USDOLLAR Losing Traction as JPY Rallies on Stimulus Letdown
- USDOLLAR Index pressing post-Q2'16 GDP report lows near 11930.
- Fed's preferred measure of inflation due out at 12:30 GMT today.
- See the DailyFX Economic Calendar for today’s US data.
In short, the dual monetary and fiscal stimulus plans out of Japan over the past few days have chalked up to a disappointment. The fault lies with fiscal policymakers, not with the BOJ, though. Whatever the BOJ did/does will have little impact unless the measures are amplified by a concurrent fiscal policy response; we now know the hefty fiscal policy response isn't coming. Logically then, knowing that the fiscal policy response is absent, the BOJ likely withheld its 'big bazooka' for a more appropriate time (I can't say with complete certainty, but I'm very inclined to think that Abe and Kuroda were aware of one another's plans).
As we said last week in our report, "USD/JPY, GBP/JPY Reversals Gather Pace as Scope for Japanese Stimulus Fades" (July 26), this story sounds familiar, no? The Federal Reserve faces the same issue: years of fiscal policy stagnation means any new easing the Fed does will have little impact in the areas of the economy that have thus yet to recover from the GFC. Think of it this way, as if the economy were a car: fiscal policy is the engine; monetary policy is the oil that slicks the gears. If the engine is turned off, or isn't set up to run properly, then it doesn't matter how much lubricant you apply - the car won't run.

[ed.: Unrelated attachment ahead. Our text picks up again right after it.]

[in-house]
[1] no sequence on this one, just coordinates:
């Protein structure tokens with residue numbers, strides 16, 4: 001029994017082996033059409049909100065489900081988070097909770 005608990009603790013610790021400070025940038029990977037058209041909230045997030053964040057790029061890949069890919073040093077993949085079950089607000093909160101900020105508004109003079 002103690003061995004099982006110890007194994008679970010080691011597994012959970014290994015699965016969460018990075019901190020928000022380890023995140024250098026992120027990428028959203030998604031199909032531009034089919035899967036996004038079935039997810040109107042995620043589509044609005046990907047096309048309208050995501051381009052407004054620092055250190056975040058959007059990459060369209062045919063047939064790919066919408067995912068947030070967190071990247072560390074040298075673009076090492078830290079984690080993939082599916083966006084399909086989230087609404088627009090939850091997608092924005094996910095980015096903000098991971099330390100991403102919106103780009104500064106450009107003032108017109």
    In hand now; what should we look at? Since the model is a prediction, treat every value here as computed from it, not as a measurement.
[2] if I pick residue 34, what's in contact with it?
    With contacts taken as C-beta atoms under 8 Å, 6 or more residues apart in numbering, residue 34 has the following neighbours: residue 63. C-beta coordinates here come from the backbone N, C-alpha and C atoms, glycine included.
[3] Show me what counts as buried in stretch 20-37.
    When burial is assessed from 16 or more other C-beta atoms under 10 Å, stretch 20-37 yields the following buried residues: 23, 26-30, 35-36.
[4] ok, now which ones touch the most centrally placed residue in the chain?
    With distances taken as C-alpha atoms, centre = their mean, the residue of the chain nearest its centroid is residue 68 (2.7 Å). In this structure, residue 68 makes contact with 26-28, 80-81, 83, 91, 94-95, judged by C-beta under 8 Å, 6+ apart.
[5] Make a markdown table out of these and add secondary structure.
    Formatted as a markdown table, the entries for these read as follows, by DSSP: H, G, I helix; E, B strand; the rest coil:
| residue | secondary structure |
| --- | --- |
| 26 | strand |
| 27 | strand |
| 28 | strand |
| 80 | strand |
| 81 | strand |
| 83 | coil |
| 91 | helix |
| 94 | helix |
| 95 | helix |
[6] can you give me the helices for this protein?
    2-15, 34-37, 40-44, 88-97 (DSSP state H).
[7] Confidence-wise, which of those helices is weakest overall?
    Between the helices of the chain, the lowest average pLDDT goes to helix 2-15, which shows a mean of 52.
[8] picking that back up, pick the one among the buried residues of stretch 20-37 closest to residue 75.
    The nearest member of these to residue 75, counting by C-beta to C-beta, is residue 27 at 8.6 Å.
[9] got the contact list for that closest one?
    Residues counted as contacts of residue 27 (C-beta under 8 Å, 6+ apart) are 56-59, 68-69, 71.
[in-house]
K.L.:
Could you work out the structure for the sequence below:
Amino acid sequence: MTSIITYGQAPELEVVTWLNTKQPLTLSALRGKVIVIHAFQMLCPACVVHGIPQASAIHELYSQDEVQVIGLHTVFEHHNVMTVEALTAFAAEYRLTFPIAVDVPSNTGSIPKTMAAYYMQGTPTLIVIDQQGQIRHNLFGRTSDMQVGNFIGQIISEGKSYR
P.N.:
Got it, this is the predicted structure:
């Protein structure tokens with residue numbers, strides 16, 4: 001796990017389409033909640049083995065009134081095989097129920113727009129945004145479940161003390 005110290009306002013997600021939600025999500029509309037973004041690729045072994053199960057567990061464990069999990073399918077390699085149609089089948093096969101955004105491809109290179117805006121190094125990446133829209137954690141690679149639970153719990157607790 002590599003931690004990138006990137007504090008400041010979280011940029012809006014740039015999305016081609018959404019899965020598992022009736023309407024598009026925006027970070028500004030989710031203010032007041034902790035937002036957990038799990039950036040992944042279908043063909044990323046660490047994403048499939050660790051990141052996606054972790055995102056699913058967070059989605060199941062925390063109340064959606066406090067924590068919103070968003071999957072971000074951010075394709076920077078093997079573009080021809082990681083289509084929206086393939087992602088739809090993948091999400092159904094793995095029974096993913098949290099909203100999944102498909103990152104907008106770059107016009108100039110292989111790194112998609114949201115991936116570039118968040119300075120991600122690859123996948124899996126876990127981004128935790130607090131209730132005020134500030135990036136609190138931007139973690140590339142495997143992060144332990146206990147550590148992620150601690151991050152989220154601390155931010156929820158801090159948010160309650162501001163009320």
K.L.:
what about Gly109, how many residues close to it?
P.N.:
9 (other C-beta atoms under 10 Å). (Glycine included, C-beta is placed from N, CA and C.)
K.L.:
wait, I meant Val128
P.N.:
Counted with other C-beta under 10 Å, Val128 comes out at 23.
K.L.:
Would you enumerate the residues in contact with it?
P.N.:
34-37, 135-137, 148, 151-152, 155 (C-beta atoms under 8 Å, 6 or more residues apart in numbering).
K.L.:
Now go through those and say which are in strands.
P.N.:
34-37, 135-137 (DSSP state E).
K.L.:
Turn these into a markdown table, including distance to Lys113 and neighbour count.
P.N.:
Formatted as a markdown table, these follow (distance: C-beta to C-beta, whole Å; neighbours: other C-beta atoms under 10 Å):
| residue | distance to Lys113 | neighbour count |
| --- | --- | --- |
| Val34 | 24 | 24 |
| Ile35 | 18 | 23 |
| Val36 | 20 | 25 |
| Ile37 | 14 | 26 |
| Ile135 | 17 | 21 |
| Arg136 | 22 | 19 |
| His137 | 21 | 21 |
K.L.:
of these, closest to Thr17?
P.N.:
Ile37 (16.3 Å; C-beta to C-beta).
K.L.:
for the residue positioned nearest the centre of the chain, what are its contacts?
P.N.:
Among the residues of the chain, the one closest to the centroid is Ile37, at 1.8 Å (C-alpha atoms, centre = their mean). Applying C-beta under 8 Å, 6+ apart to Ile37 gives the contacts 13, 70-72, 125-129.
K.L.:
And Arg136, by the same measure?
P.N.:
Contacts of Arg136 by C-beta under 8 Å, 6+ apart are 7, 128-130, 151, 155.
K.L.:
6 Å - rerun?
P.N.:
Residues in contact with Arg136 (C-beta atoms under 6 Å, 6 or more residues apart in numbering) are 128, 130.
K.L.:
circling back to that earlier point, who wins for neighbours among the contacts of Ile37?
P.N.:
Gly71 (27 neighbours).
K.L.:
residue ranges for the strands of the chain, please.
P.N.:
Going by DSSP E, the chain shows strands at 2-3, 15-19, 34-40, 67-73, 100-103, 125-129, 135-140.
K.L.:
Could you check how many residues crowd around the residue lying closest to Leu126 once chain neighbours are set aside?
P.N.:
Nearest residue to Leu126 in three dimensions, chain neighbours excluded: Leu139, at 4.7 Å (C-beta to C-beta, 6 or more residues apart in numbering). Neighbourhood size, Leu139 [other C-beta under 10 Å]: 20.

The other side to all of this is the way the fiscal policy response was set up (qualitatively as opposed to quantitatively). Much of the fiscal outlays will be in the form of lending rather than direct spending, and the relatively small size of the extra budget offers little confidence for a break from current norms. We know from previous episodes that a small bump in short-term government spending/lending rarely translates into long-term economic growth. In fact, in each year since 1993, the Japanese government has announced an extra budget - yet here we ware, after a quarter of a decade of stagnant growth.
Markets don't have much faith that this set of measures will turn around the Japanese economy, because truthfully, Japan faces a serious structural issue: an aging population plagued by declining birth rates. The Japanese Yen is all of the sudden well-positioned for another rally. Admittedly, whiffs of a VaR shock a la 2003 come to mind, as we warned in December 2015: 2Y JGB yields are up +18-bps since the BOJ decision on Friday; and 10Y JGB yields are up +21-bps. Keep an eye on this if you're trading the Yen.: 2Y JGB yields are up +18-bps since the BOJ decision on Friday; and 10Y JGB yields are up +21-bps. Keep an eye on this if you're trading the Yen.
--- Written by Christopher Vecchio, Currency Strategist
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